Santoku knives have become popular in recent years and for good reason. The shape and edge are perfect for vegetable work, and the hollow grinding gives you a knife that will quickly release vegetables at they are sliced. These knives work and are essential, in my opinion, but skip the smaller versions of the Santoku as these are lightweight knives are are easy to handle, therefore there is no reason to not go with the larger version. Wusthof has a western-style version of the Santoku that has holes punched into the blade, rather than hollow ground, and a metal bar that runs the length of the blade. It is a fine knife but the design is right-handed only and is no better than a traditional Santoku.

A boning knife has one purpose, to cut meat off a bone. The shape is the key and without it I would be hard-pressed to cleanly butcher a chicken or butterfly a pork loin. My boning knife works fine but I should replace it with a shorter flexible boning knife, like the 6″ Victorinox. Not only is this a superior boning knife, but it is less than $25.

Now we are getting to the main attraction for cutlery, the mighty chefs knife. I have an 8″ Shun and a 10″ Zwilling Kramer. The Shun is an excellent knife and with the polished Damascus steel, it is attractive. The Zwilling Kramer is a true surgical weapon.

First, a little about Bob Kramer. He is a blacksmith in Washington state who has developed a reputation for making some of the finest kitchen knives in existence. His handmade knives take 3 days to complete and feature welded steel with over 1,000 layers. They are exotic and only available through an auction process, which indicates just how desirable these knives are. Kramer knives can fetch between $6,000-8,000 for a chef and paring knife set. This is not in my budget.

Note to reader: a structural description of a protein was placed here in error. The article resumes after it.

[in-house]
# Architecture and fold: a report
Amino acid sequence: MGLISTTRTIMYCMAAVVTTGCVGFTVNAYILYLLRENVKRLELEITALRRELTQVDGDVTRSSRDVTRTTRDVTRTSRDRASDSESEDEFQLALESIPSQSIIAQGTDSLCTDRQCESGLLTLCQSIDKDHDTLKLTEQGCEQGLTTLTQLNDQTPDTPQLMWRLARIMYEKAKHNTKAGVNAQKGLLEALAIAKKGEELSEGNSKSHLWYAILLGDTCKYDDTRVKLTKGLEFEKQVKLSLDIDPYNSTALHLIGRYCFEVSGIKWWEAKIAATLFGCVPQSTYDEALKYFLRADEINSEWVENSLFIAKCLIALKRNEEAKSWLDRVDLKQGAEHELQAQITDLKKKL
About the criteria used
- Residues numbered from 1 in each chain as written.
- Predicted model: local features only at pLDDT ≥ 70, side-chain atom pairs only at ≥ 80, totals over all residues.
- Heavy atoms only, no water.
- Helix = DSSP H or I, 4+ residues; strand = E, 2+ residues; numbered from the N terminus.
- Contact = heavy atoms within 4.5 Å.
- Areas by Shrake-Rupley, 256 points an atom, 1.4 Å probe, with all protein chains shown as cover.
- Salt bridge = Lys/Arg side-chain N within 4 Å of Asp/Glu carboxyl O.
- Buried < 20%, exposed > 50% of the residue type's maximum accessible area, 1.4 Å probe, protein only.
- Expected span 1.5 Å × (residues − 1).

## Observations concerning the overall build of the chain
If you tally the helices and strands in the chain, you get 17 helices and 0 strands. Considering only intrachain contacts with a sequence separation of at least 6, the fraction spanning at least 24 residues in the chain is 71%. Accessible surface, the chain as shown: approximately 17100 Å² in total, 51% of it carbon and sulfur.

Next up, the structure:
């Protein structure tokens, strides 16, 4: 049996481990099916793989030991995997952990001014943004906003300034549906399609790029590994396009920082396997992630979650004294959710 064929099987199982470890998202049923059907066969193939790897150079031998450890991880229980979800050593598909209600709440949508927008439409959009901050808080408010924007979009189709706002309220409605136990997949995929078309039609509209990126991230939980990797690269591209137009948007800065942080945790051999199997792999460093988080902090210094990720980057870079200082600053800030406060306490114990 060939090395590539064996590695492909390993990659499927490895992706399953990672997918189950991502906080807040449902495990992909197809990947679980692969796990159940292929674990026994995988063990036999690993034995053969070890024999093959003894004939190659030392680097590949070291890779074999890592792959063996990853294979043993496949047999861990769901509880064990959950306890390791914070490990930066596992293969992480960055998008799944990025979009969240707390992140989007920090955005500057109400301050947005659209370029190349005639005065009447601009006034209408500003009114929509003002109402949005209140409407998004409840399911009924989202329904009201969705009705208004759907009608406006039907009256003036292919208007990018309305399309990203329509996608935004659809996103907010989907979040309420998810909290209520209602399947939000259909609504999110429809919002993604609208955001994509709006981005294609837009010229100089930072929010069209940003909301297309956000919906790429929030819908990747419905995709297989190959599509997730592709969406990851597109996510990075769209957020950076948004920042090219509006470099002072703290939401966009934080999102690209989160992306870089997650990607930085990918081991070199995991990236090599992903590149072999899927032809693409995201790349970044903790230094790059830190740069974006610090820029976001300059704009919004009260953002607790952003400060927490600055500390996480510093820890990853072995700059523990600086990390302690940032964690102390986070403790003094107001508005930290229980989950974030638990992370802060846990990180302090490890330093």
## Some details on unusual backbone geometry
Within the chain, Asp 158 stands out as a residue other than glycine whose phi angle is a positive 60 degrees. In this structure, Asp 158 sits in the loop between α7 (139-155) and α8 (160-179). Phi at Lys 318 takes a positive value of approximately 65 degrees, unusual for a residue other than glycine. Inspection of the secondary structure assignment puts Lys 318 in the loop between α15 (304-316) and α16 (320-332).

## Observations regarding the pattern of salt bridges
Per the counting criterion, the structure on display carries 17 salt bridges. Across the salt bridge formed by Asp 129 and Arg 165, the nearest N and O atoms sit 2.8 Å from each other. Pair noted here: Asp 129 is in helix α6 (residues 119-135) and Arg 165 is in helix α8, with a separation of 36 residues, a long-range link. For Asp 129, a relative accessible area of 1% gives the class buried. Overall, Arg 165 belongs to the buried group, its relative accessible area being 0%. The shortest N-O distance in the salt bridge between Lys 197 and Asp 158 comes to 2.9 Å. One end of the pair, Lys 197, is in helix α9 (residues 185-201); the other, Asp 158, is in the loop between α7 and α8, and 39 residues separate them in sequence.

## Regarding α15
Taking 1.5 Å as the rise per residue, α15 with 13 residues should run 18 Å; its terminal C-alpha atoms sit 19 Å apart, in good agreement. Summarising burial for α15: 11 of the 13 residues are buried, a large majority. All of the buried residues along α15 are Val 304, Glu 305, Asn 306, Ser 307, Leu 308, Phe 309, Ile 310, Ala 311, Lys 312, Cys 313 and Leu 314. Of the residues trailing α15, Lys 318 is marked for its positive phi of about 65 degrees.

Kramer partnered with Zwilling to offer chefs knives as a more reasonable price point. Featuring his blade design, and more importantly his steel recipe, these knives are high carbon steel that take an edge like no other. High carbon steel comes with some specific care requirements, as you cannot let these knives sit with water or food on the blade as it can rust or stain. I will add that for a knife that is a full 10″ in length, it handles amazingly well and while I was pretty cautious with it at first, I have since become very comfortable as I work with it. This is truly an amazing knife, to look at and to use.

Rounding out my collection is a serrated Global that just works really well. Serrated knives come in smaller versions, sometimes referred to as a tomato knife.

Lastly, a few words on sharpening. The ChefsChoice sharpening machine is one of the best on the market. I use it a couple of times a year to freshen up my knife edges, but keep in mind that properly cared for a knife will not dull frequently. Use a cutting board, don’t chop aggressively, and using a honing steel frequently. A honing steel is a must have knife accessory. Looked at under a microscope, a knife edge will roll over with use and while still cutting it will not be sharp. The honing steel straightens out the cutting edge and without removing any of the blade, as is the case with sharpening, the result is a sharper knife.